Author:
GREAT BRITAIN. Department of Health
Publisher:
Great Britain. Department of Health
Publication year:
2010
Pagination:
12p.
Place of publication:
London

In 2006-07, a stakeholder group convened by the Department of Health to consider the residential charging arrangements raised a number of issues about the charging regulations and guidance. This consultation seeks views on 4 of these issues and specifically on potential amendments to the National Assistance (Assessment of Resources) Regulations 1992, the National Assistance (Residential Accommodation) (Additional Payments and Assessment of Resources) (Amendment) (England) Regulations 2001, the National Assistance (Residential Accommodation) (Relevant Contributions) (England) Regulations 2001 and the Charges for Residential Accommodation Guidance (CRAG). The consultation is about changes to the charging regulations regarding: the treatment of personal injury compensation, the treatment of single premium investment bonds, the introduction of a new disregard for pre-paid funeral plans, and deferred self top-ups during the 12 week property disregard. Responses are also sought regarding impact and equality impact of the proposals. The consultation document states that it is anticipated that these changes, on balance, will not have a significant impact on local authority budgets. The consultation period runs until 23 April 2010.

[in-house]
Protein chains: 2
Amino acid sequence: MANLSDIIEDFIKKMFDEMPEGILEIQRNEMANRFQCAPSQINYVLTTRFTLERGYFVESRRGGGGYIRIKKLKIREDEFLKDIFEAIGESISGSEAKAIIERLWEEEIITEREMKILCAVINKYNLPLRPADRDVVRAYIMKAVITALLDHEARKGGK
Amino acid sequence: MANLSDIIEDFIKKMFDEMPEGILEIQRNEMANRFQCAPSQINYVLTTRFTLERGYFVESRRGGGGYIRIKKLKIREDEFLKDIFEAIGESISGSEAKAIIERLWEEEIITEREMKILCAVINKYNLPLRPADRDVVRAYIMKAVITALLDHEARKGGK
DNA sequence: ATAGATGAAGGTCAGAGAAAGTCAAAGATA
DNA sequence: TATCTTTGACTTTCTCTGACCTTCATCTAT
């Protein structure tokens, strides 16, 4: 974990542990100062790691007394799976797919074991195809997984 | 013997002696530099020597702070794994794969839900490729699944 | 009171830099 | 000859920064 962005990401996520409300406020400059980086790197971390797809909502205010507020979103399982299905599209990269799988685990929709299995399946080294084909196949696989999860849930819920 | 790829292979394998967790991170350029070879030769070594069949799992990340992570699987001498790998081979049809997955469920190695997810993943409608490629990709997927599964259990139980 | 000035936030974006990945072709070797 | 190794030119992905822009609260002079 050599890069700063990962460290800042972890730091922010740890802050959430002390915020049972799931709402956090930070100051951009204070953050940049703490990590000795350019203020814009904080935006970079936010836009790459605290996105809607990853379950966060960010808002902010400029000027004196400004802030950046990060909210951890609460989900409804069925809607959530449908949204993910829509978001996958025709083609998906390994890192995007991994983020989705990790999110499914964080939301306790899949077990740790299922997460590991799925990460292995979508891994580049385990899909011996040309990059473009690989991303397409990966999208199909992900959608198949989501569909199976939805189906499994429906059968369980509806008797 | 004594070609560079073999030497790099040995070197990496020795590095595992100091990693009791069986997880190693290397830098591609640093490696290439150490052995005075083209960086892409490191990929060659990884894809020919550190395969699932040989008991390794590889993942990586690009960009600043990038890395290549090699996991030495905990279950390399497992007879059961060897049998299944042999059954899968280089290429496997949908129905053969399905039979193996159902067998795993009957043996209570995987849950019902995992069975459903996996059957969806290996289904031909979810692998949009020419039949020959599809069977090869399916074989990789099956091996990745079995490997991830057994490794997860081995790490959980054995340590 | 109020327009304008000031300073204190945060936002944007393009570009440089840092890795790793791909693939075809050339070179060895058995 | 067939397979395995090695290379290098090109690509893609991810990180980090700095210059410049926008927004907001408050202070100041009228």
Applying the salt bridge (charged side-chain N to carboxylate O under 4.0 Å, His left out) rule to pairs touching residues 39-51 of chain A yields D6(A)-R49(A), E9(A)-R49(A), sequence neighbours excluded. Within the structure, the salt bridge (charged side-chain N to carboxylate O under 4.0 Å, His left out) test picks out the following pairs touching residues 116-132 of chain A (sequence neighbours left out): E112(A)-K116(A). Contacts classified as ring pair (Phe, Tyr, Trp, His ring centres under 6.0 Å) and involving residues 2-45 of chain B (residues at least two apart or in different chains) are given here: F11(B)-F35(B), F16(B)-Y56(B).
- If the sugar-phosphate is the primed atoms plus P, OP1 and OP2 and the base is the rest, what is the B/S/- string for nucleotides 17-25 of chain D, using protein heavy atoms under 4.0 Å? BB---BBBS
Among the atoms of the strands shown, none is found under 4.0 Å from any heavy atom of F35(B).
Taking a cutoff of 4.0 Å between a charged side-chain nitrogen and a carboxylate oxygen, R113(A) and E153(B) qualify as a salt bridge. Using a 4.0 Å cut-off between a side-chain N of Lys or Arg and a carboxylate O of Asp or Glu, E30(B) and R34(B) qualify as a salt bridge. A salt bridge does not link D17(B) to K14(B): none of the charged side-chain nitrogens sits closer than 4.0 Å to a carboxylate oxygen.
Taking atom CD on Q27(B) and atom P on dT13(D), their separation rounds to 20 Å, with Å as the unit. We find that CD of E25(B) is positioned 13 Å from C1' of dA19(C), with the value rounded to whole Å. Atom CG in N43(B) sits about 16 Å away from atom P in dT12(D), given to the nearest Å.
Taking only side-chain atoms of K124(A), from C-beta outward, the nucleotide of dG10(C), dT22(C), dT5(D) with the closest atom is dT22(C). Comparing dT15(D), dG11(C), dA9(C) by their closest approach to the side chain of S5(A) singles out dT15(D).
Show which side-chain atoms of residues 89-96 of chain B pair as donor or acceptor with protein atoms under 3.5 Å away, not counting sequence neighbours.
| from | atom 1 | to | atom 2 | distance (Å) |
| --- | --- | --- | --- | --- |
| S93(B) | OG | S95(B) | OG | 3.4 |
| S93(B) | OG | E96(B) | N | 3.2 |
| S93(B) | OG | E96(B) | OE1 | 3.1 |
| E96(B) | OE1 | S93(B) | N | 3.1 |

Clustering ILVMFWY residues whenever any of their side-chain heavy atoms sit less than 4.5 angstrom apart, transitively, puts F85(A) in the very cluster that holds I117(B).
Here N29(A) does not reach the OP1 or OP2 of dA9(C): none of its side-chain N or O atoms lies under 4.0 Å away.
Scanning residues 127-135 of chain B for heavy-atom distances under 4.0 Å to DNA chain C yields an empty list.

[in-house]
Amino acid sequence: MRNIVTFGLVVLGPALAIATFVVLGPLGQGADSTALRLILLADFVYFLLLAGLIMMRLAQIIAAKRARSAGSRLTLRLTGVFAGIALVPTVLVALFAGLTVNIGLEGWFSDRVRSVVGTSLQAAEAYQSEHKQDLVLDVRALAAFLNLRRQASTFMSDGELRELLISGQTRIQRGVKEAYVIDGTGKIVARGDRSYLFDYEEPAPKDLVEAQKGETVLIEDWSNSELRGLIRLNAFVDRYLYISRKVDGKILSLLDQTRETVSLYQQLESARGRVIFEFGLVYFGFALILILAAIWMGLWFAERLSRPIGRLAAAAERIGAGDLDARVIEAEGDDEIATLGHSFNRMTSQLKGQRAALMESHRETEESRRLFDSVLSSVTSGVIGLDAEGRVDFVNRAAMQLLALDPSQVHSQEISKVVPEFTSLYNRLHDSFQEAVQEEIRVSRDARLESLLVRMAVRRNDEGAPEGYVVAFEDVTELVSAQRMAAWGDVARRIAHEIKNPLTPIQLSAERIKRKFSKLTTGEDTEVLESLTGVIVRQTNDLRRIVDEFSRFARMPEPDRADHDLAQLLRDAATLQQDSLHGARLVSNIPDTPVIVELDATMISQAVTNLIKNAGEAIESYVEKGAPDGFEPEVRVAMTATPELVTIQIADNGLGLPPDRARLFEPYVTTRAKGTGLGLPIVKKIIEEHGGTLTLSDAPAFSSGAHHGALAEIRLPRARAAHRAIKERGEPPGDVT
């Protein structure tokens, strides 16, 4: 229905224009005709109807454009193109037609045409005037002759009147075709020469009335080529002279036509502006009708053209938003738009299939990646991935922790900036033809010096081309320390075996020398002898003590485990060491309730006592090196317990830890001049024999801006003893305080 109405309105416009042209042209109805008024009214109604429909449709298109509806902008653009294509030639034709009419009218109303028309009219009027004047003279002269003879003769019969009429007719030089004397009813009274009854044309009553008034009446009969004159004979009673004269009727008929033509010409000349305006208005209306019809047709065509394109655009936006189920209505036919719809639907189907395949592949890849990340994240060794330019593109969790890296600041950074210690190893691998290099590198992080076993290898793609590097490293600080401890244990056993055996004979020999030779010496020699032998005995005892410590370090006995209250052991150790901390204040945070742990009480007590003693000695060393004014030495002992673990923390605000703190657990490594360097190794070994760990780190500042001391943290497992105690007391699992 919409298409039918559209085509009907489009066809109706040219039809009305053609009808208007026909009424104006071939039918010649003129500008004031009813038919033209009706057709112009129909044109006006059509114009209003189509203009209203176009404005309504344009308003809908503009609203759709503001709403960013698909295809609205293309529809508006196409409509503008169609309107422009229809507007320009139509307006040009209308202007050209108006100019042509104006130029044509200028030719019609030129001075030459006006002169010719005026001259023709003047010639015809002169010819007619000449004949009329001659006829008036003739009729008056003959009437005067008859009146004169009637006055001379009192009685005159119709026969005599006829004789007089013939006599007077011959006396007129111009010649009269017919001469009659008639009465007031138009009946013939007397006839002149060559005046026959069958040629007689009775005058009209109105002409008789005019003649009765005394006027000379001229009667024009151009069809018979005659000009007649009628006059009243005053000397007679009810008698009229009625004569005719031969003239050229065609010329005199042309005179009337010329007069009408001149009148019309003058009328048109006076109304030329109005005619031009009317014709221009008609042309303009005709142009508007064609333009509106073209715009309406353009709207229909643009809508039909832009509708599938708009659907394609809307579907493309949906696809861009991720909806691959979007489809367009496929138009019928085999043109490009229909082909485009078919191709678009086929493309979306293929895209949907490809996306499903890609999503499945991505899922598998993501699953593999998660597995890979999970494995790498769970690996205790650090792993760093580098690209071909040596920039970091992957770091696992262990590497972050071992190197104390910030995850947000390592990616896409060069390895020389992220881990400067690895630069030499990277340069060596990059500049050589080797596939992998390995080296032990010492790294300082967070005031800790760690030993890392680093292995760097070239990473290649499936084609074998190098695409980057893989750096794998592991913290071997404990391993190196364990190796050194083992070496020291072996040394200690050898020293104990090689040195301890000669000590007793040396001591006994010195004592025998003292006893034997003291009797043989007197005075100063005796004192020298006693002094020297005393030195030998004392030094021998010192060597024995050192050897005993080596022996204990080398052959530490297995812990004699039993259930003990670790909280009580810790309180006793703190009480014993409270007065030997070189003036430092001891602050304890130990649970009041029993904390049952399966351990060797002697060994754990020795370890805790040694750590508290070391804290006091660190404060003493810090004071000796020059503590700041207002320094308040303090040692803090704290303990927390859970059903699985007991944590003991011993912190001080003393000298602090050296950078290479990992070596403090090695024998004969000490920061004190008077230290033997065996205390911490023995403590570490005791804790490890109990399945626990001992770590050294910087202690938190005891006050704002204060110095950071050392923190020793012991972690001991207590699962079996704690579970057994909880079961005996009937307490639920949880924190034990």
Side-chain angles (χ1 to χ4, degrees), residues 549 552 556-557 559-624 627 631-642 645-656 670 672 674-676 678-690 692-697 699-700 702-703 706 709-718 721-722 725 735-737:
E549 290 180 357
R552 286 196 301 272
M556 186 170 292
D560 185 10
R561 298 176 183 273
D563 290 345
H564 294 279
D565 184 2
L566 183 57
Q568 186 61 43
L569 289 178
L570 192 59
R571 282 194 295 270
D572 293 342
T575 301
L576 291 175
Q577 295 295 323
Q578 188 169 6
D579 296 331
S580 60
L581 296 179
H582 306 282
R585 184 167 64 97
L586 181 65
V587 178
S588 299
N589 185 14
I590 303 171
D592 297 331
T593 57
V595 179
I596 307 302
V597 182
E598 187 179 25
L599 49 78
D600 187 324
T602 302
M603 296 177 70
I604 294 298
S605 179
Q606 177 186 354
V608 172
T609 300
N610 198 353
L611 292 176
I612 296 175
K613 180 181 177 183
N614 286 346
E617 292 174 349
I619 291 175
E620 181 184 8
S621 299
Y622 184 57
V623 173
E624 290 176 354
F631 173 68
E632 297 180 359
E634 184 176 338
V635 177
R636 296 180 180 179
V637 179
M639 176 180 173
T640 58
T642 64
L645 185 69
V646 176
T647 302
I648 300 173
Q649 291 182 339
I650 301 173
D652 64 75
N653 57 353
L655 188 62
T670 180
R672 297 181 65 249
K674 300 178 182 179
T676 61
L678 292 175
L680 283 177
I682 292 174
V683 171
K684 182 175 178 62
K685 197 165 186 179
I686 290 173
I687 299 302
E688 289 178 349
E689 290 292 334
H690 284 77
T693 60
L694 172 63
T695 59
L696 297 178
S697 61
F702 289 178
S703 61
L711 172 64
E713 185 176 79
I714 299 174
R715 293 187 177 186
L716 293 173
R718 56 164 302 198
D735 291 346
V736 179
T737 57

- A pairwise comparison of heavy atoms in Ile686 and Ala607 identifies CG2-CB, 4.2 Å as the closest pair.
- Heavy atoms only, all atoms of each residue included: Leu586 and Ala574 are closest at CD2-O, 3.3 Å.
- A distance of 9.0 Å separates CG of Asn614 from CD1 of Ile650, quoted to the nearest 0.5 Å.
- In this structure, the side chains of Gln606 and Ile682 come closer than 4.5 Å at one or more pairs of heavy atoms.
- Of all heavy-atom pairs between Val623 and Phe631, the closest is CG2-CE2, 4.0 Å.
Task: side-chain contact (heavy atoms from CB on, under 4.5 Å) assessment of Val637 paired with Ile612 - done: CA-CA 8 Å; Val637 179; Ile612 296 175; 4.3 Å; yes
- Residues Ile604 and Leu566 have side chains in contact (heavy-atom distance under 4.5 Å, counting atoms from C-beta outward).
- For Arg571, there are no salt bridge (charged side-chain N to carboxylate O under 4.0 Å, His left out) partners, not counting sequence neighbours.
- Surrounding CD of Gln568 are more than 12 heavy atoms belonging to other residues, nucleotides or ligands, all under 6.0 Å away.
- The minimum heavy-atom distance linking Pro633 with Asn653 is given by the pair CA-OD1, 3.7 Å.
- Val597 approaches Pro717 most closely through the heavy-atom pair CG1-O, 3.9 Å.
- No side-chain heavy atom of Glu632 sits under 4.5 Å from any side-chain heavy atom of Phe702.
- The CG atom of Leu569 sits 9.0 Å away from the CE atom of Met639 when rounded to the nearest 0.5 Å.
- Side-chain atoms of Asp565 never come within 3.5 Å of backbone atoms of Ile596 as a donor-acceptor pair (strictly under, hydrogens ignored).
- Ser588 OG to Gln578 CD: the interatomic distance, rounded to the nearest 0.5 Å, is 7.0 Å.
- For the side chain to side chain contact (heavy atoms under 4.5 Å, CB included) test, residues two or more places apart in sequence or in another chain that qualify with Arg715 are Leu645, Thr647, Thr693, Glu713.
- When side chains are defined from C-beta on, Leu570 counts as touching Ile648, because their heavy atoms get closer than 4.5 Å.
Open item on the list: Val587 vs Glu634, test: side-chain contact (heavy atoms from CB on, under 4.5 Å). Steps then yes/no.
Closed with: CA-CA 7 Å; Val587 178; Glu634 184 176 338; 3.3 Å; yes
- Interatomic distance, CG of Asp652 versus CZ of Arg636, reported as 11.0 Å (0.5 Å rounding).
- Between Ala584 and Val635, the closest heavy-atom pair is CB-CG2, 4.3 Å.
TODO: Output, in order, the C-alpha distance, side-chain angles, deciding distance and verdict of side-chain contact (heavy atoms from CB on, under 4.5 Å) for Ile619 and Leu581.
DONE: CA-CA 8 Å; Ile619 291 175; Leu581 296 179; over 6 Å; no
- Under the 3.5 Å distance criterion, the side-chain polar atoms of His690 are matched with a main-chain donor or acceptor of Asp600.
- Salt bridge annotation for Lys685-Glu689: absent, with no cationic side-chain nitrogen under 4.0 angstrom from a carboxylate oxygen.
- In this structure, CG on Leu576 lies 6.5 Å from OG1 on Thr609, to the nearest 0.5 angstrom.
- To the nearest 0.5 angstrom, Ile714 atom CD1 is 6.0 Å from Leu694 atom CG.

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Paying for care in Wales: creating a fair and sustainable system: green paper consultation on options for reform

Author:
WALES. Welsh Assembly Government
Publisher:
Wales. Welsh Assembly Government
Publication year:
2009
Pagination:
50p.
Place of publication:
Cardiff

In 2008 the Welsh Assembly Government held a major consultation and engagement programme on the general direction that reform of the social care system should take. The results of that consultation have helped to shape the proposals set out in this Green Paper. Reponses are invited to questions on disability benefits, bringing money into the system, different funding options, ways to contribute and whether there should be a nationally or a locally determined funding system.